4. No waves from surface knowledge: diving into the social representations of the deep sea, Morais, C Moreira, L Teixeira, AS; Aguiar, T in INTERNATIONAL JOURNAL OF SCIENCE EDUCATION PART B-COMMUNICATION AND PUBLIC ENGAGEMENT, 2022, ISSN: 2154-8455,  Volume: 12, 
Article,  Indexed in: crossref, scopus, wos  DOI: 10.1080/21548455.2021.2017507 P-00V-WS2
Abstract Recently, new data about deep-sea ecosystems has stirred scientific, economic, and ecological agendas, but little is known about the public’s perspectives of the deep sea. Our goal is to explore the public’s common sense knowledge of the deep sea, with a view to inform science communication efforts. Based on social representations theory, we investigated the relationship between the public’s meanings associated with the deep sea and psychosocial and positional variables, such as attitudes and education level, and reflected on the implications of the findings for science communication. The study was conducted in Portugal, a coastal, sea-connected country. The sample consisted of 315 adults from different age groups and social strata. Participants were asked to elicit and rank their thoughts about the deep sea using a ranked association technique and fill in questions about sociodemographic information, perceptions, and attitudes concerning the deep sea. Results showed that the social representations of the deep sea were structured as emotional versus rational views and as superficial ocean knowledge versus novel or unusual views. Moreover, results evinced a relationship between representations and psychosocial and positional variables. The gap between scientific and common sense knowledge was evident amongst participants with a low education level and low science engagement, whilst highly educated and science-engaged participants’ representations seemed to be narrowed by instrumental views on science. This research is significant to better directing science communication to increase well-informed public participation in decision-making related to deep sea management and other socio-scientific issues by responding to audience’s background knowledge.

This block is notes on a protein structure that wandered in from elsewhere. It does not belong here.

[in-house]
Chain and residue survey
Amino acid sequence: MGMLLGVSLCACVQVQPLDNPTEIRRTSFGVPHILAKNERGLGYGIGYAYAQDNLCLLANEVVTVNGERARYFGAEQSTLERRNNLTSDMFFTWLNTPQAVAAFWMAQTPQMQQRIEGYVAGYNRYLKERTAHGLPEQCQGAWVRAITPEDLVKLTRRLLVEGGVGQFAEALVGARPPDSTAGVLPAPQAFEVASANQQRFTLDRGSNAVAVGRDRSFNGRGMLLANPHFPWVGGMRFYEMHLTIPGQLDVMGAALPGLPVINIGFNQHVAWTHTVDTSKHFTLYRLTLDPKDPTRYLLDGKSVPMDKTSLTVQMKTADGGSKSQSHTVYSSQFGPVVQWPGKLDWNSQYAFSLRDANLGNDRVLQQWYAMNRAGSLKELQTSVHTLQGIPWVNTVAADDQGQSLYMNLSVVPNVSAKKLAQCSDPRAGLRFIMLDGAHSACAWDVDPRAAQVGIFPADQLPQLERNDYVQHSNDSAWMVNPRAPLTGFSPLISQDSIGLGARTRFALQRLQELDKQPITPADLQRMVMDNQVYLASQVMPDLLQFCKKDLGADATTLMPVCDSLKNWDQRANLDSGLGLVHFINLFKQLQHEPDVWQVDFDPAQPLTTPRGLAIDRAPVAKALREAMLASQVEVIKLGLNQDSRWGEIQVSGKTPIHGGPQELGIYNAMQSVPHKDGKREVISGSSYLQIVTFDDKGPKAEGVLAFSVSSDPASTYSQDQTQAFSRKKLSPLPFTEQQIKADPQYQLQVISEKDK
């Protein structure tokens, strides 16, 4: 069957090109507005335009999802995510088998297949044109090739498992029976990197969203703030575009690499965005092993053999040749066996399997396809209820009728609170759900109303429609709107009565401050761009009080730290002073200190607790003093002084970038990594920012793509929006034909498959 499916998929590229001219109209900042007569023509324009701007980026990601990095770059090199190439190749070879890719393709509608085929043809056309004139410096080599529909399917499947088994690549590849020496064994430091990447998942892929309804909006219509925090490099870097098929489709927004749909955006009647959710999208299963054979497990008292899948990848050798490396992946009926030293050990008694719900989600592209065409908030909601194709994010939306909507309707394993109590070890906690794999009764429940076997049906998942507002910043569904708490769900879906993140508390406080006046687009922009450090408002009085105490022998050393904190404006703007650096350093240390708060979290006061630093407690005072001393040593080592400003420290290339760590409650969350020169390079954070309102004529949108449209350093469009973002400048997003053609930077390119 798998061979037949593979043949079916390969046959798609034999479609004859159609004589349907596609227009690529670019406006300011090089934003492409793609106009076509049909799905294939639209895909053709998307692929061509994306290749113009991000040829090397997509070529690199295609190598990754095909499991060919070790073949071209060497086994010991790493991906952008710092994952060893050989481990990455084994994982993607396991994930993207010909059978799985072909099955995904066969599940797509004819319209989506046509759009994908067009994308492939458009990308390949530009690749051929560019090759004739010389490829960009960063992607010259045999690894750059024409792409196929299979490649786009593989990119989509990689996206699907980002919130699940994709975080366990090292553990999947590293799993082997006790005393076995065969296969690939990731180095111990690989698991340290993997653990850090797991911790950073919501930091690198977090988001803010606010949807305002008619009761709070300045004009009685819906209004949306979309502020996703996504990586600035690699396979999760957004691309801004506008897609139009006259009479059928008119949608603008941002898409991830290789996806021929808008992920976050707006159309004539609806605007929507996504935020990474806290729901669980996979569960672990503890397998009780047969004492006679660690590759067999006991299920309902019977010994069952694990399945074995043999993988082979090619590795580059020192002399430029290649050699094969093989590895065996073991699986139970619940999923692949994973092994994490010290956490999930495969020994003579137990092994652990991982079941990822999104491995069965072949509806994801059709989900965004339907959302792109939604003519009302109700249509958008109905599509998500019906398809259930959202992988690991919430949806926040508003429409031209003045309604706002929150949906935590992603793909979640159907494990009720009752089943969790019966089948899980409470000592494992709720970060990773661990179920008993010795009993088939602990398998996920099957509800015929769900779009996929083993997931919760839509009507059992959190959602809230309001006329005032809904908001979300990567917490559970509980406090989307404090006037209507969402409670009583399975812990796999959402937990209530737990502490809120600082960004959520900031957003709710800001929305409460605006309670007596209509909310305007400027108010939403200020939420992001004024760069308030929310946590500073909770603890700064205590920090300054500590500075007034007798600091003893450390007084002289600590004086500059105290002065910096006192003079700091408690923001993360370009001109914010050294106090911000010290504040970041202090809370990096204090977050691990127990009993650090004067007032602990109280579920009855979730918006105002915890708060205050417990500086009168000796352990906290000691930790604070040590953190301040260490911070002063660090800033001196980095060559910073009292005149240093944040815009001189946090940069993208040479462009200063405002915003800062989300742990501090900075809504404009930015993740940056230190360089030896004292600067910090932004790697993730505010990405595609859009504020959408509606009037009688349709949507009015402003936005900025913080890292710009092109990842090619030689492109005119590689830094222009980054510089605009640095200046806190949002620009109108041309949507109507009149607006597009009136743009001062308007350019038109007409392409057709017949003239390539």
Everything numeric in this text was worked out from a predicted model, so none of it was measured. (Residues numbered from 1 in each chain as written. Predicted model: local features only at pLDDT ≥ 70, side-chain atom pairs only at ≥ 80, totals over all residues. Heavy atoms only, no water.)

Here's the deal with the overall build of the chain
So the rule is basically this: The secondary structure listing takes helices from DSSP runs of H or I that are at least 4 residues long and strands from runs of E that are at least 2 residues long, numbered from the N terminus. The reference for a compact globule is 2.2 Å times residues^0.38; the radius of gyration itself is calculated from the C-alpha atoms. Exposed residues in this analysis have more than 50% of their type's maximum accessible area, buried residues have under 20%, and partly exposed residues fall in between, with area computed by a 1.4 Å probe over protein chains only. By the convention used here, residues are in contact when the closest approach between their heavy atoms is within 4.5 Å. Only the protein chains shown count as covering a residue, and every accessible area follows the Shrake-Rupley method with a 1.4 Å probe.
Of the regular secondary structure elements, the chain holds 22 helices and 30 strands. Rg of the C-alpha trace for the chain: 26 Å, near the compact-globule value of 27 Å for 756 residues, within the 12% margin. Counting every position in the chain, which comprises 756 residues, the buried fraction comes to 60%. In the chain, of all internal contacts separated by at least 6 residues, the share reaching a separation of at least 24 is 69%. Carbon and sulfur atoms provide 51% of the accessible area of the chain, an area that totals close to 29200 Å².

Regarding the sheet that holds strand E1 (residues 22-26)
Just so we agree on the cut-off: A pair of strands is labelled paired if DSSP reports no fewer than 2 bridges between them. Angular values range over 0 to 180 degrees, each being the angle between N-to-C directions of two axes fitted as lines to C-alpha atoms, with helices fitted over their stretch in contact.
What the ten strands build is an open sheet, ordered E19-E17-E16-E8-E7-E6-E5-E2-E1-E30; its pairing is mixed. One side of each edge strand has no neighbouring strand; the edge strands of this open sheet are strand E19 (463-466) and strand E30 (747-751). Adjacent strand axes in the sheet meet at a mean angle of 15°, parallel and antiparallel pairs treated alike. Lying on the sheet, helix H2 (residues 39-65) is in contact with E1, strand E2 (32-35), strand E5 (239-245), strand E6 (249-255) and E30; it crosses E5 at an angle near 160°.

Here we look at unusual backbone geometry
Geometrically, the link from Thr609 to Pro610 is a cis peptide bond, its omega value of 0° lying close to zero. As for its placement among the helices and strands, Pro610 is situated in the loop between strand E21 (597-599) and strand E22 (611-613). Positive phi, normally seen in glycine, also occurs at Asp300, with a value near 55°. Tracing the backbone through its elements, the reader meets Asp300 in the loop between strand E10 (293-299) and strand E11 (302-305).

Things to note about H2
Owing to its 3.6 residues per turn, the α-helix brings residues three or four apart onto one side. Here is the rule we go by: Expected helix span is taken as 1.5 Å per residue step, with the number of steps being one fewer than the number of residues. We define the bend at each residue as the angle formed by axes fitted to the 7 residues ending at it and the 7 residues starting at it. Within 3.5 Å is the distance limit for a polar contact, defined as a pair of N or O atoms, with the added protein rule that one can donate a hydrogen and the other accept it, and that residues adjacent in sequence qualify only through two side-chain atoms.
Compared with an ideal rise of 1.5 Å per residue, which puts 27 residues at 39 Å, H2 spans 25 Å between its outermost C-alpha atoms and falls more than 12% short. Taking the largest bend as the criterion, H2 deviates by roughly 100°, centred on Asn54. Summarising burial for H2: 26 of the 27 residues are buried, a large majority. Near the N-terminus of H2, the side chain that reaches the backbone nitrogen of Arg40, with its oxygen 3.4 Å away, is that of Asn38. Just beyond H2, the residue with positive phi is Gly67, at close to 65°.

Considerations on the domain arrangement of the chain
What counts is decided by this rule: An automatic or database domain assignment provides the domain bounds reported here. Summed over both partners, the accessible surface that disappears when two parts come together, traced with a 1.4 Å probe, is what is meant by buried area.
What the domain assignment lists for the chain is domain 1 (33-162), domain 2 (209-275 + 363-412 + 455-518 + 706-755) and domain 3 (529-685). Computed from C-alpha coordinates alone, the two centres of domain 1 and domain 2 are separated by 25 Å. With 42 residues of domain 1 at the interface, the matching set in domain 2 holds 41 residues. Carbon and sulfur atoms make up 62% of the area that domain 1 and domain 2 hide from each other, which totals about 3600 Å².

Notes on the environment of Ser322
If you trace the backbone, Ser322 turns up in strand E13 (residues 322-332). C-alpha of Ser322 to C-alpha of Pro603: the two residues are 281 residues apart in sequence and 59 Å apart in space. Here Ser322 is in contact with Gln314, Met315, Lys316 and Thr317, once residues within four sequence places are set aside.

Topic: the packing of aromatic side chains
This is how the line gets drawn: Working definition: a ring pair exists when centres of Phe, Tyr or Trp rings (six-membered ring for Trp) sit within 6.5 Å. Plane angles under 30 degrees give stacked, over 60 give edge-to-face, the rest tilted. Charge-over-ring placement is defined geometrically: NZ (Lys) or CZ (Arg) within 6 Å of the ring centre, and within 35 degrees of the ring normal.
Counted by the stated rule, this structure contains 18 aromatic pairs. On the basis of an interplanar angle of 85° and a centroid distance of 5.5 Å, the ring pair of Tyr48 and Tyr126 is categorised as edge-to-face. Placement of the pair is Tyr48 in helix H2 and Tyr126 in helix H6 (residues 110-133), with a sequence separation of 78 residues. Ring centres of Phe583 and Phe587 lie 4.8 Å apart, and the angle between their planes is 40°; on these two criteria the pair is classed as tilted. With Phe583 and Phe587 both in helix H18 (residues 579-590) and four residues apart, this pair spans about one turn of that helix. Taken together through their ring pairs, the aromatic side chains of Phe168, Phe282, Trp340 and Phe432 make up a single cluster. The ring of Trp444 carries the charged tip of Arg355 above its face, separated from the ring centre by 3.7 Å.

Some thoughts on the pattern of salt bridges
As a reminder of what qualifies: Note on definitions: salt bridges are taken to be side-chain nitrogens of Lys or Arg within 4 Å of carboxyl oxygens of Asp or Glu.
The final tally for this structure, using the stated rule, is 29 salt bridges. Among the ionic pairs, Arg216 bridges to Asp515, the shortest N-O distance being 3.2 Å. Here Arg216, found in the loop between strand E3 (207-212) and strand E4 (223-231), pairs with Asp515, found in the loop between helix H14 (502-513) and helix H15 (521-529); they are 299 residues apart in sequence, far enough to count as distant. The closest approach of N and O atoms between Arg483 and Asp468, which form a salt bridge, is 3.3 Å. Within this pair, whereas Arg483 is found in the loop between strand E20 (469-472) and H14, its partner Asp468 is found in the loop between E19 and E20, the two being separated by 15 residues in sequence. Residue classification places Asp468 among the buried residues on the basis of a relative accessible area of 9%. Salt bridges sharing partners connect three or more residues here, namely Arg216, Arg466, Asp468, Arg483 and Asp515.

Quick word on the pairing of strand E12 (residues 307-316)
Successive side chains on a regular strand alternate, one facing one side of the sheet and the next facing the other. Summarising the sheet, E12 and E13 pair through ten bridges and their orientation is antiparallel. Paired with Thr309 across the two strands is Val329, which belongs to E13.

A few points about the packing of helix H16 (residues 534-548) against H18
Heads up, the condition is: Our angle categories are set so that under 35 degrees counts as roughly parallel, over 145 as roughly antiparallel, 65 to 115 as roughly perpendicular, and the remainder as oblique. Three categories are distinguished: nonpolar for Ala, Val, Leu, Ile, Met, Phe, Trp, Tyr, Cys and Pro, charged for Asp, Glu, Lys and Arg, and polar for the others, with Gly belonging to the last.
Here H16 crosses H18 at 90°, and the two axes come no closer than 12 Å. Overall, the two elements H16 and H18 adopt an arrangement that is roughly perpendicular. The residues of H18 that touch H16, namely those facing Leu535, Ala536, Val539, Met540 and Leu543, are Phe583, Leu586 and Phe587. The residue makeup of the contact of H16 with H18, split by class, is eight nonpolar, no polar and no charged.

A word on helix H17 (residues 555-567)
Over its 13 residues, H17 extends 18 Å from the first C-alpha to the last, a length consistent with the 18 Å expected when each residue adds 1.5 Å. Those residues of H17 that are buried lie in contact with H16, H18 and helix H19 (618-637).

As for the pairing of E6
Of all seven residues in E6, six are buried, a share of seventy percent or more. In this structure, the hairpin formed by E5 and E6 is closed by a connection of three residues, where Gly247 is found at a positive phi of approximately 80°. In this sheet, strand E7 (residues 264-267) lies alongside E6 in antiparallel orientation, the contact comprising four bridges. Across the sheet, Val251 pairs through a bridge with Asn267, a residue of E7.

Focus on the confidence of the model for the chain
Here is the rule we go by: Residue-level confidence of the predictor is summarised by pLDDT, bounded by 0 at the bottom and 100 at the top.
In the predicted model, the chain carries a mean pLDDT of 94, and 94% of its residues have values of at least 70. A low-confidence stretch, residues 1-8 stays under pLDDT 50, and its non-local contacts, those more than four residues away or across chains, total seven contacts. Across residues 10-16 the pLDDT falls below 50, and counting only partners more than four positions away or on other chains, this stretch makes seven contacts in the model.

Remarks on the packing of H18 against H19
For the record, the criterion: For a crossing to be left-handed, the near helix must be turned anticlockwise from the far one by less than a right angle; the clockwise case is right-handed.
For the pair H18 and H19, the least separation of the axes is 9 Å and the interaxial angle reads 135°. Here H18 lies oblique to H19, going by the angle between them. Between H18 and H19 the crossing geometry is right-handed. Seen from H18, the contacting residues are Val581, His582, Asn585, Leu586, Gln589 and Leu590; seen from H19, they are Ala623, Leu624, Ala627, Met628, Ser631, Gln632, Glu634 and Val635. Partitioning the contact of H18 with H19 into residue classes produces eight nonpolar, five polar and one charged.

5. Bridging Music and Chemistry: A Marching Band Analogy to Teach Kinetic-Molecular Theory, Vieira, H; Morais, C in JOURNAL OF CHEMICAL EDUCATION, 2022, ISSN: 0021-9584,  Volume: 99, 
Article,  Indexed in: crossref, scopus, wos  DOI: 10.1021/acs.jchemed.1c00864 P-00V-TC9
Abstract Scientific literacy is an important skill for students' success, given the characteristics of today's society. However, not all students have a natural predisposition toward science, chemistry in particular. Considering the relevance of transdisciplinary learning, schools should foster the scientific abilities for which students may have less aptitude or interest by taking advantage of areas and subjects that they have more inclination and knowledge. The use of analogies through comparisons between familiar and unfamiliar domains can potentiate the learning of abstract, unknown, or complex chemistry concepts. This article describes a case study regarding the use of a marching band analogy that was developed to teach kinetic-molecular theory. The study involved a convenience sample of 50 Portuguese seventh grade students attending a middle school music course, from four specialized music education schools. Data was collected through a questionnaire and an interview. Results reveal that the marching band analogy for kinetic-molecular theory, considering the students' profile, is didactic and suitable, enhances their attention and interest, and promotes their chemistry learning. In order to benefit chemistry education, we recommend the development and use of analogies between chemistry and music with students of similar profiles or the use of different areas and subjects for other student profiles.